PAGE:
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Free Prescription Drugs—in Drinking Water!

Free Prescription Drugs—in Drinking Water!

by Martha Rosenberg
November 23, 2014

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You don't have to see a doctor to imbibe a witch's brew of prescriptions pain pills, antibiotics and psychiatric, cholesterol, asthma, epilepsy and heart drugs in your drinking water. They are found in many public drinking water systems says the Associated Press. Also found in drinking water is the toxic plastic, Bisphenol A. Some of the Bisphenol A comes from plastic bottled water which people, ironically, drink to avoid tap water risks!

Both the drug industry and water treatment experts say you don't have to worry about prescription drugs in drinking water. But it is only recently that serious testing has even been conducted. Mary Buzby director of environmental technology for Merck validated the fears in 2007. "There's no doubt about it, pharmaceuticals are being detected in the environment and there is genuine concern that these compounds, in the small concentrations that they're at, could be causing impacts to human health or to aquatic organisms," she remarked at a conference in 2007.

Fish are a good indicator of the health of the water like canaries in the coal mine and they are revealing shocking effects. Fish caught near wastewater treatment plants near five major U.S. cities had residues of cholesterol, high blood pressure, allergy, bipolar and depression drugs reported Discovery news. Male fish in the estrogen-saturated St. Lawrence River around Montreal are developing ovaries, reported Daniel Cyr, at Quebec's National Institute for Science Research according to the Independent Post. Feminized frogs with both female and male sex organs are already increasingly found in U.S. waterways and even suburban ponds. Fish in the same area as the feminized fish are also showing signs of the antidepressant Prozac in their systems says the University of Montreal.

The Southern Daily Echo News also reported fish on Prozac. The fish that were observed were five times more likely to swim toward light than away from it, making them also more susceptible to predators.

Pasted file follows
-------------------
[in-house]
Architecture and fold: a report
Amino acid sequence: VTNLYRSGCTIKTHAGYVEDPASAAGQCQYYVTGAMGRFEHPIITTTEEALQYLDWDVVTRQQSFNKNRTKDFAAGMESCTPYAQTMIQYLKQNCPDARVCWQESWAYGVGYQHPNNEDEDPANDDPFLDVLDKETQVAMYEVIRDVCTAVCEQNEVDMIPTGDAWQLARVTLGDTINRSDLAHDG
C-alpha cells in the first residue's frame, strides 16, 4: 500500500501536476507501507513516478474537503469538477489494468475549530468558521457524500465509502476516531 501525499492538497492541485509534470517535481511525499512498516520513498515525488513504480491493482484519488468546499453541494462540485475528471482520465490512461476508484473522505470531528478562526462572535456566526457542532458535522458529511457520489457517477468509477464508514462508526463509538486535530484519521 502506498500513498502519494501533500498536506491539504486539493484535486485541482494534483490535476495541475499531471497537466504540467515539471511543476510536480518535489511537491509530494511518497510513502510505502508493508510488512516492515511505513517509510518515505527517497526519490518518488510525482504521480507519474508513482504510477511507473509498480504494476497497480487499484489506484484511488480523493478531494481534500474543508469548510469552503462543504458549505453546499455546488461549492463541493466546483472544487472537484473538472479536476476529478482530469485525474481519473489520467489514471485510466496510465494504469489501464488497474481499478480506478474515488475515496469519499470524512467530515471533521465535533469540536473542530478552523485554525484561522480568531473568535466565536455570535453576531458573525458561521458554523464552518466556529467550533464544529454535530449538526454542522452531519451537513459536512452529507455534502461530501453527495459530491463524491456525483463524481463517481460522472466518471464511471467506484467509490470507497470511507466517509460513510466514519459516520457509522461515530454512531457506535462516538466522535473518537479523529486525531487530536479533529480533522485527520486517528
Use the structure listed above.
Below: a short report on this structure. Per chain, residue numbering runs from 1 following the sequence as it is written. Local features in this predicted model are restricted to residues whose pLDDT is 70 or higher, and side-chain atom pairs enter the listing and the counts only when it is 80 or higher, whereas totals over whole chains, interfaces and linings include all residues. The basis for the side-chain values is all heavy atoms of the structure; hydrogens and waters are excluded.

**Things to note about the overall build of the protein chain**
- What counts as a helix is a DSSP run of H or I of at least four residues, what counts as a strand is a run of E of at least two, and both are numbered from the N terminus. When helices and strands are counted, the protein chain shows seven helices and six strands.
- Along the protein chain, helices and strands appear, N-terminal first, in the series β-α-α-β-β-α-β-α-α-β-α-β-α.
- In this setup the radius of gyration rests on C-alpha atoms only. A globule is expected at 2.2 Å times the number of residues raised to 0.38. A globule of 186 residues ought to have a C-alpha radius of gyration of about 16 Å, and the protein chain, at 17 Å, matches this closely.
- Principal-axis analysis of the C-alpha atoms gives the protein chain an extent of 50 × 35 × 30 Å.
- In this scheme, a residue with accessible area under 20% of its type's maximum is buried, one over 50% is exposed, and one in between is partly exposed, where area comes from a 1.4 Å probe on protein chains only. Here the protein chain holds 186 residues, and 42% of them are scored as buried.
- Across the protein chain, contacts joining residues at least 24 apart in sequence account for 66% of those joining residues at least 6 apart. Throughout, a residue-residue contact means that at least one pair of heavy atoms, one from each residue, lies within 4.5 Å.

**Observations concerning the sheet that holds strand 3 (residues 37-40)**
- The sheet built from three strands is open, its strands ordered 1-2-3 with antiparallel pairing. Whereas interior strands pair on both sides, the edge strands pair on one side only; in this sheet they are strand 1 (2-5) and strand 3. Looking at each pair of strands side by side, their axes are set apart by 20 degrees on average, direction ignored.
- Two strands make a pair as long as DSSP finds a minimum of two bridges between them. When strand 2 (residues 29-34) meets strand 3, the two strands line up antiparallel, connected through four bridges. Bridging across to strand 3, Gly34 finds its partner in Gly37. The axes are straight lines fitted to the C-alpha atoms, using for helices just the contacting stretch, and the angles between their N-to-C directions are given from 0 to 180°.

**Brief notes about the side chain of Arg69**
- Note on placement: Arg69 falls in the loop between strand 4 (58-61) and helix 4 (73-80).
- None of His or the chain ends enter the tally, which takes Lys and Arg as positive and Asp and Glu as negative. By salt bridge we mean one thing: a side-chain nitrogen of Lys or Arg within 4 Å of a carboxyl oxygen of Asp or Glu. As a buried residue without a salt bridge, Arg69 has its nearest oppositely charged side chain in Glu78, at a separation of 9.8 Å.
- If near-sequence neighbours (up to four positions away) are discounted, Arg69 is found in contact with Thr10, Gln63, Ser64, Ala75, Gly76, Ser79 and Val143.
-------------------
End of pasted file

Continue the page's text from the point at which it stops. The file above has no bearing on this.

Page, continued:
Shrimp are also believed to be at risk. ''Crustaceans are crucial to the food chain and if shrimps' natural behaviour is being changed because of antidepressant levels in the sea this could seriously upset the natural balance of the ecosystem," says Dr Alex Ford, from the University of Portsmouth's Institute of Marine Sciences.

Big Ag is also putting drugs in the water. Even if you don't eat hormone-grown cattle you can ingest the hormone trenbolone from ear implants reports the Associated Press. Water taken near a Nebraska feedlot had four times the trenbolone levels as other water samples and male fathead minnows nearby had low testosterone levels and small heads.

What can we do about the drug store in our drinking water? Certainly, never flush your meds down the toilet since water systems are clearly not removing everything. Ask your local government how often and how carefully your drinking water is tested for prescription drugs. Boycott foods grown with chemicals like hormone and antibiotics which contaminate water ways, especially animal products. And finally, start taking drug ads on TV with a grain of salt. Many drugs that people take for "seasonal allergies," GERD, insomnia and "depression" are unnecessary and were never taken before drug ads on TV. There are natural cures that are safer for people, aquatic life and drinking water.


Read more investigative journalism in Martha Rosenberg’s exposé Born With a Junk Food Deficiency: How Flaks, Quacks, and Hacks Pimp the Public Health, available from Random House, at Barnes and Noble and on Amazon. It makes a great holiday gift and supports independent journalism.

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